Symbiosis is an important driving force in metazoan evolution and the study of ancient lineages can provide an insight into the influence of symbiotic associations on morphological and physiological adaptations. In the 'living fossil' Nautilus, bacterial associations are found in the highly specialized pericardial appendage. This organ is responsible for most of the excretory processes (ultrafiltration, reabsorption and secretion) and secretes an acidic ammonia-rich excretory fluid. In this study, we show that Nautilus macromphalus pericardial appendages harbour a high density of a beta-proteobacterium and a coccoid spirochaete using transmission electron microscopy, comparative 16S rRNA sequence analysis and fluorescence in situ hybridization (FISH). These two bacterial phylotypes are phylogenetically distant from any known bacteria, with ammonia-oxidizing bacteria as the closest relatives of the beta-proteobacterium (above or equal to 87.5% sequence similarity) and marine Spirochaeta species as the closest relatives of the spirochaete (above or equal to 89.8% sequence similarity), and appear to be specific to Nautilus. FISH analyses showed that the symbionts occur in the baso-medial region of the pericardial villi where ultrafiltration and reabsorption processes take place, suggesting a symbiotic contribution to the excretory metabolism.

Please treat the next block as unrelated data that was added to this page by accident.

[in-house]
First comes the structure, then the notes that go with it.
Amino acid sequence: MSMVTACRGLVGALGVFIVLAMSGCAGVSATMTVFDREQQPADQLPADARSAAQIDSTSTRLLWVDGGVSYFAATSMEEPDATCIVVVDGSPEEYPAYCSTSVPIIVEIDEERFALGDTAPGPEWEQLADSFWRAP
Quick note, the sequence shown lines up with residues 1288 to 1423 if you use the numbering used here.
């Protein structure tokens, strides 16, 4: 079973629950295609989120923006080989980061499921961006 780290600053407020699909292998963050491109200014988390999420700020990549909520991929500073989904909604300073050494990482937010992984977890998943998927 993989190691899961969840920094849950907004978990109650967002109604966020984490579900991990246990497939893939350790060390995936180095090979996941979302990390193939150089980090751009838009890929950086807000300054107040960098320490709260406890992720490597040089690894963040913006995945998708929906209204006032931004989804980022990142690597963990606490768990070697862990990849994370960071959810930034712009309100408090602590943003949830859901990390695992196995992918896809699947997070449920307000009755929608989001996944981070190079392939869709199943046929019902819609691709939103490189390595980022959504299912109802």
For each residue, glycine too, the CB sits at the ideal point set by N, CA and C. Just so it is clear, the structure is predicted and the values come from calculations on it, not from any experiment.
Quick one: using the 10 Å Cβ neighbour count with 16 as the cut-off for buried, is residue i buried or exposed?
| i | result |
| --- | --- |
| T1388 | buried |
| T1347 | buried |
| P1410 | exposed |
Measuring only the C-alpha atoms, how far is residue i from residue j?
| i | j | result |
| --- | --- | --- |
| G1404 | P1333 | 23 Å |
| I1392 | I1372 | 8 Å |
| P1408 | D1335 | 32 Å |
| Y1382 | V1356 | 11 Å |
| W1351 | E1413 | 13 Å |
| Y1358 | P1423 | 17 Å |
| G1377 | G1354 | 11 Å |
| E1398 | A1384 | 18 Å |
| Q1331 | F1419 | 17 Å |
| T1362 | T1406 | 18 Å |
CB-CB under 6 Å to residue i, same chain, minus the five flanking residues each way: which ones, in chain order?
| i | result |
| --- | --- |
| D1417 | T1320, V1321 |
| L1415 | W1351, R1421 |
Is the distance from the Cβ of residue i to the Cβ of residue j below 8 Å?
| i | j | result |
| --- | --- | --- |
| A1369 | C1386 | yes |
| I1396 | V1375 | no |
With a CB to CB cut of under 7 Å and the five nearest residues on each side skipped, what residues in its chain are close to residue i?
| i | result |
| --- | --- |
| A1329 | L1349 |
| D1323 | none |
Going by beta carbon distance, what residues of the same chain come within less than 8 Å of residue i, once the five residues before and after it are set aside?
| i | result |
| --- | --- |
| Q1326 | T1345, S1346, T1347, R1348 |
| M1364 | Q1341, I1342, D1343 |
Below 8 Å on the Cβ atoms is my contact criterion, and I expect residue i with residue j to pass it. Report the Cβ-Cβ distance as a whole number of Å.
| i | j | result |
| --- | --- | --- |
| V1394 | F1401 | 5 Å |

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http://dx.doi.org/10.1098/rspb.2006.0353DOI Listing
http://www.ncbi.nlm.nih.gov/pmc/articles/PMC2189564PMC
May 2007

Unexpected variation of Hox genes' homeodomains in cephalopods.

Mol Phylogenet Evol 2006 Sep 26;40(3):872-9. Epub 2006 Apr 26.

Développement et Evolution, UMR 7622, CNRS et Université P et M Curie, Paris 6, Case 24, 9 quai St Bernard, 75252 Paris Cedex 05, France.

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http://dx.doi.org/10.1016/j.ympev.2006.04.004DOI Listing
September 2006

A molecular and karyological approach to the taxonomy of Nautilus.

C R Biol 2004 Feb;327(2):133-8

Département Milieux et Peuplements aquatiques, UMR 5178 (BOME), Muséum national d'histoire naturelle, Institut Jacques-Monod-CNRS, universités Paris-6 & -7, 2, Paris, France.

Nautiloids, the externally shelled cephalopods of Cambrian origin, are the most ancient lineage among extant cephalopods. Their ancestral characters are explored based on morphological and molecular data (18S rDNA sequence) to investigate the evolution of present cephalopod lineages. Among molluscs, nautilus 18S rDNA gene is the longest reported so far, due to large nucleotidic insertions. By comparison with other 18S sequences, the complete gene of N. macromphalus helps to clarify the taxonomic status of the three universally recognised Nautilus species. The range of interspecific molecular differences supports separation of the present species into two surviving ectocochleate genera, Nautilus and Allonautilus. Nautiloid 18S is considered as corresponding to the ancestral form of 18S as is the number of chromosomes in Nautilus (52), the lowest among cephalopods. Comparison of karyological characteristics amongst cephalopods in a phylogenetic context suggests a possible correlation between duplication events and lineage divergence.
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http://dx.doi.org/10.1016/j.crvi.2003.12.004DOI Listing
February 2004